US frigate "Constitution" (Old Ironsides) launched in Boston.
1806
Explorers Meriwether Lewis and William Clark pass the French village of La Charette, the first white settlement they have seen in more than two years.
1823
Daniel Steibelt who wrote the first choral piano concerto died. A friend in St. Petersburg eulogized him as a kleptomaniac.
1830
The National Negro Convention convenes in Philadelphia with the purpose of abolishing slavery.
1842
Physician Lord James Dewar, who invented the vacuum flask and cordite. born
1848
Brigham Young arrives at Salt Lake City with a wave of Mormon followers.
1859
Patent granted on the electric range.
1870
Italian troops took control of the Papal States, leading to the unification of Italy.
1873
Financial chaos forced the New York Stock Exchange to close. It remained closed for 10 days.
1878
Novelist Upton Sinclair, (The Jungle) born
1881
Chester A. Arthur was sworn in as the 21st president of the United States, succeeding James A. Garfield, who had been assassinated.
1883
Albrecht Alt, German Lutheran Old Testament scholar. born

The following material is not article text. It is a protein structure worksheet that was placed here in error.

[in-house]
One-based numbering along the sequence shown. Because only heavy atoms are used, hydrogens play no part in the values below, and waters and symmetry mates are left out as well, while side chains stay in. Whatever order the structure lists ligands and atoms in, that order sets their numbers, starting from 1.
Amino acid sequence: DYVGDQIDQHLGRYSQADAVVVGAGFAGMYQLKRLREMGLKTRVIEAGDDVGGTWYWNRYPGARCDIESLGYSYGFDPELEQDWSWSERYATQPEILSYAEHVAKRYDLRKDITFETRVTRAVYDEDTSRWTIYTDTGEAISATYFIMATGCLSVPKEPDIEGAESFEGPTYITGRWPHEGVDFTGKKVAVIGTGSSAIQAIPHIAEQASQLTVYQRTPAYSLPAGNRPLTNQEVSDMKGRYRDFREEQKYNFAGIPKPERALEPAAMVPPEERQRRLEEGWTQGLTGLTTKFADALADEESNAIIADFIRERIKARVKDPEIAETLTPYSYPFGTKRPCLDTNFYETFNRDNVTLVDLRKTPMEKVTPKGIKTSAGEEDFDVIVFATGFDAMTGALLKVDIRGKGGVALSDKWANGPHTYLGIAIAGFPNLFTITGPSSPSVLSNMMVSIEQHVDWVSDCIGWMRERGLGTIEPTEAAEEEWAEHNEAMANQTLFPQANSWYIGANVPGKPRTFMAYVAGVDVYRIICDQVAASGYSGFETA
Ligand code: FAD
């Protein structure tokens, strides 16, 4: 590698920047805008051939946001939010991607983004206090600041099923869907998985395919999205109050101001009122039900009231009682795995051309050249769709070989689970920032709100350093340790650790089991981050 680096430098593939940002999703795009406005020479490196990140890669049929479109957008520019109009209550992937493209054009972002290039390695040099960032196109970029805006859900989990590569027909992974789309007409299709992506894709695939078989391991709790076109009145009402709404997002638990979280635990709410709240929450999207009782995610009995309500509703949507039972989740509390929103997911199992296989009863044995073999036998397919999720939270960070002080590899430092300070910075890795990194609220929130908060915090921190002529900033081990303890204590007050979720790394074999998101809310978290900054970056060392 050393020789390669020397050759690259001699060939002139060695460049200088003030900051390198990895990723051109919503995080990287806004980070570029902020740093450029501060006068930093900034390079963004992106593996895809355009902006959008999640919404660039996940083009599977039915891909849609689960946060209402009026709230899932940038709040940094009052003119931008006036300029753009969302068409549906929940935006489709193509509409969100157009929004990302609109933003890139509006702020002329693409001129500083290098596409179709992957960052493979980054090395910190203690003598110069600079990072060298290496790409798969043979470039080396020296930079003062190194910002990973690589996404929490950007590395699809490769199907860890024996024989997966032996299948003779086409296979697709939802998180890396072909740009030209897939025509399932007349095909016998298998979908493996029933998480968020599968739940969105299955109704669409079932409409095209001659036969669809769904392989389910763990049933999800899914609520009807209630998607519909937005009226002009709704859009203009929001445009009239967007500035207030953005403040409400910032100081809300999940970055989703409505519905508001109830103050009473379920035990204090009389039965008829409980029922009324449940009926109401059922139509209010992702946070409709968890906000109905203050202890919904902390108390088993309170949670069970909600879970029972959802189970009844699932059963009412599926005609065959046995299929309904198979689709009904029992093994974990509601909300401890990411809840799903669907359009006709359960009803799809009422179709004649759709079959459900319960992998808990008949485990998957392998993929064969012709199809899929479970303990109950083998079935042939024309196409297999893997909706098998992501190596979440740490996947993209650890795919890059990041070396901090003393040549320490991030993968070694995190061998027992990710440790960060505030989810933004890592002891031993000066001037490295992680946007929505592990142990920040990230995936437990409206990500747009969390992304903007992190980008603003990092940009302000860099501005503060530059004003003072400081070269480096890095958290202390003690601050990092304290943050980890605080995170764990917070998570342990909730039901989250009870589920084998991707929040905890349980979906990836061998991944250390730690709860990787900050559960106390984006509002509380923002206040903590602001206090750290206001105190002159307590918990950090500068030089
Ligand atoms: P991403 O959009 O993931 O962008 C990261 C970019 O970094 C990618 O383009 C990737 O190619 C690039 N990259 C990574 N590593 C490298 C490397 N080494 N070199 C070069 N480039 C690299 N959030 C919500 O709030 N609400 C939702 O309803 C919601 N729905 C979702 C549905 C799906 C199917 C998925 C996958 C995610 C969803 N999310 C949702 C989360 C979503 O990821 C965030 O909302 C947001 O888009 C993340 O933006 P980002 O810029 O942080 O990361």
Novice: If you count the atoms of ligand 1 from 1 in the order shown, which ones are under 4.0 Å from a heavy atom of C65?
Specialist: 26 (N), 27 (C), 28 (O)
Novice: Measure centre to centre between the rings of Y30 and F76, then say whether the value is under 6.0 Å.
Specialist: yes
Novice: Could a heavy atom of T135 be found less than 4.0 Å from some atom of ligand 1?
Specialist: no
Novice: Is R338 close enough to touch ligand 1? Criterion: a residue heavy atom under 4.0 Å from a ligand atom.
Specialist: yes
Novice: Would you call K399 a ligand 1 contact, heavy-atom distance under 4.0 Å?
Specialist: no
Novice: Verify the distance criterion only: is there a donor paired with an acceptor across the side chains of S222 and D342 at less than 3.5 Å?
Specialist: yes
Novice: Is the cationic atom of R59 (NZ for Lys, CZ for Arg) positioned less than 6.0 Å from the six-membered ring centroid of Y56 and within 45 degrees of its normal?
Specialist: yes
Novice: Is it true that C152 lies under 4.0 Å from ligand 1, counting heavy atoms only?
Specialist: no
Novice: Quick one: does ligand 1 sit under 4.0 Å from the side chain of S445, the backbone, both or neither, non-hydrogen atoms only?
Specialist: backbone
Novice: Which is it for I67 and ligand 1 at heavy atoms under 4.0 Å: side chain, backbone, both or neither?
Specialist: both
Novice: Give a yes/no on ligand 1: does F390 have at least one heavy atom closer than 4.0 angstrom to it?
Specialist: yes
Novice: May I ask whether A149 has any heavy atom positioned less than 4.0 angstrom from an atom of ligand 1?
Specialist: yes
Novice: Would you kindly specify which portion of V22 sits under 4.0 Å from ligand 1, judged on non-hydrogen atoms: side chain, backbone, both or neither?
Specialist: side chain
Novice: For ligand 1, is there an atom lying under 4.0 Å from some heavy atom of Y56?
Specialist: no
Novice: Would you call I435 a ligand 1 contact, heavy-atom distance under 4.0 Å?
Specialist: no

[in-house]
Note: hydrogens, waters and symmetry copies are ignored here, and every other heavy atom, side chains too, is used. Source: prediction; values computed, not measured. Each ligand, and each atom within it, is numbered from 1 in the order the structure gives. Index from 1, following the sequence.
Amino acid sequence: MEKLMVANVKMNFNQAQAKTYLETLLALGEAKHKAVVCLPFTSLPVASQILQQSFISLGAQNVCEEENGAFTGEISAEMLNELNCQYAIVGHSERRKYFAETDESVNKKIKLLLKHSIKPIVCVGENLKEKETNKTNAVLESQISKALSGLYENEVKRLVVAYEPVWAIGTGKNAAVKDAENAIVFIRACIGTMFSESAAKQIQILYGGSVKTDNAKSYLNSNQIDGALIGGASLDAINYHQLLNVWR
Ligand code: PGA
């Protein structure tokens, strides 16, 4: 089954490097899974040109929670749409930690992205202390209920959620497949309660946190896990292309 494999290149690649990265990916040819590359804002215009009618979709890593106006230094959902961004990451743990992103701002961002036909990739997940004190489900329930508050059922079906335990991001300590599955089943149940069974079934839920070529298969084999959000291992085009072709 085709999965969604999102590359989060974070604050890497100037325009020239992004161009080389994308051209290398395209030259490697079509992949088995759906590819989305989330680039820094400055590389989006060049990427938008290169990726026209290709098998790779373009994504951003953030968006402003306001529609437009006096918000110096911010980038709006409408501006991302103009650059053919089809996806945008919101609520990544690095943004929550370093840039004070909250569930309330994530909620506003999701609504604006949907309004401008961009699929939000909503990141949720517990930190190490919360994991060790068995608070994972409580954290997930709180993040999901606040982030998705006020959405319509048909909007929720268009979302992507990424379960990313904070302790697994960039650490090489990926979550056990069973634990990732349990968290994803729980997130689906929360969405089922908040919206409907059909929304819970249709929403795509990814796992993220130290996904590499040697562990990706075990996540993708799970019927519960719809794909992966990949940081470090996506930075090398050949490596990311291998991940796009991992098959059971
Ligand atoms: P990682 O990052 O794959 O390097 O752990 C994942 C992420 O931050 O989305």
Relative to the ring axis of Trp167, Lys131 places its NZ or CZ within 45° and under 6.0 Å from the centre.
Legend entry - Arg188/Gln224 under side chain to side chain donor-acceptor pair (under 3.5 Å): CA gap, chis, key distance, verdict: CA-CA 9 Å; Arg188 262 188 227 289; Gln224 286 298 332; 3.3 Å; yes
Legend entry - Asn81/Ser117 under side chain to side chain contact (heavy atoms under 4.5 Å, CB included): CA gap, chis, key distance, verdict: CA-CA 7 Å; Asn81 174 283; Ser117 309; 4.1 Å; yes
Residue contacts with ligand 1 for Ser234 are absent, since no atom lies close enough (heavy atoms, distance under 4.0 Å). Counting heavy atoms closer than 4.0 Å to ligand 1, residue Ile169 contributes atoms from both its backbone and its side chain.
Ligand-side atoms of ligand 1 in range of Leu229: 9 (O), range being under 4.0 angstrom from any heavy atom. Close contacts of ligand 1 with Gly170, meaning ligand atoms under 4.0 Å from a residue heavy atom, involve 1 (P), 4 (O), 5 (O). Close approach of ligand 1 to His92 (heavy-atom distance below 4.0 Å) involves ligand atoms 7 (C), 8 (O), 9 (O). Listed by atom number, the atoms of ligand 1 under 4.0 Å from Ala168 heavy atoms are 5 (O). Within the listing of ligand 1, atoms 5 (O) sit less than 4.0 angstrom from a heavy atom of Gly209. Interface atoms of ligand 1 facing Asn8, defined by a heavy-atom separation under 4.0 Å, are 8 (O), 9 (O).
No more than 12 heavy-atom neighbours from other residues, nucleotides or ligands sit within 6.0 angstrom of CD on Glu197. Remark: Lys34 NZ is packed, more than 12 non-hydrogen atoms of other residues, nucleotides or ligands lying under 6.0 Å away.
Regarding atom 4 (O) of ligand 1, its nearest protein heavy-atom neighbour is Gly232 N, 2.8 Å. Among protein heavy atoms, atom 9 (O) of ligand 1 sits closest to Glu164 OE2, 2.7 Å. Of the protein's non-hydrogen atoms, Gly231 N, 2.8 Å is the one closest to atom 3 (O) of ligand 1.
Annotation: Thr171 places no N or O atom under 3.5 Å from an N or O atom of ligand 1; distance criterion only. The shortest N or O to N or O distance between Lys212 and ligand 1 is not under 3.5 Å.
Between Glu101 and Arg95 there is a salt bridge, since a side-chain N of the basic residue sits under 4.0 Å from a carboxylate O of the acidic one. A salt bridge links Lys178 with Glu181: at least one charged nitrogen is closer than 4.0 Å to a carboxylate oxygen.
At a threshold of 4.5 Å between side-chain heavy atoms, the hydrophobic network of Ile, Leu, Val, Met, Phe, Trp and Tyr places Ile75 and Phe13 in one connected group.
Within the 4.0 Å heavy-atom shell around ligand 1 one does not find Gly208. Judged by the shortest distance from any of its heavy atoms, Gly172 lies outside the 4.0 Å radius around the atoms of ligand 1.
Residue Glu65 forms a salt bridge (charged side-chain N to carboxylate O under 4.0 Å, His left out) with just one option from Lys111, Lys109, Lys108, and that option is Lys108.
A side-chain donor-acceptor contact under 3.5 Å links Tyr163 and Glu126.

1884
The Equal Rights Party was formed during a convention of suffragists in San Francisco. The convention nominated Belva Ann Bennett Lockwood of Washington DC for president.
1885
Jazz piano player Ferdinand "Jelly Roll" Morton born
1886
Australian nurse Sister Elizabeth Kenny, who pioneered the care of polio victims born
1899
Actor Elliott Nugent (Romance, The Unholy Three; director Up in Arms, Welcome Stranger) born
1917
Boston Celtics President Red Auerbach (second winningest basketball coach in history with 1,037 victories for the Boston Celtics) born
1918
Actress Peg Phillips born
1921
On this day, KDKA in Pittsburgh, Pennsylvania, started one of the first daily radio newscasts in the country. The broadcast came from the city desk of "The Pittsburgh Post".
1924
Singer Gogi Grant born
1924
Fashion designer James Galanos born
1927
Actress Rachel Roberts (The Tony Randall Show) born
1928
Psychologist Joyce Brothers born
1929
Actress-comedian Anne Meara the Family, Rhoda, The Paul Lynde Show, The Corner Bar, Alf) born
1934
Actress Sophia (Sofia Scicolone) Loren (some sources say 1931) born
1947
Rock musician Chuck Panozzo (Styx) born
1951
Former hockey player Guy LaFleur born
1953
Jimmy Stewart debuted in "The Six Shooter" on NBC.this He played Britt Ponset on the radio western.
1954
Jazz musician Peter White born
1955
Actress Betsy Brantley born
1957
Actor Gary Cole born
1957
Jan Sibelius died at his home on a little island on the Finnish coast. Although he had produced seven symphonies and numerous other orchestral works, Sibelius had composed virtually nothing for the last 33 years of his life.
1958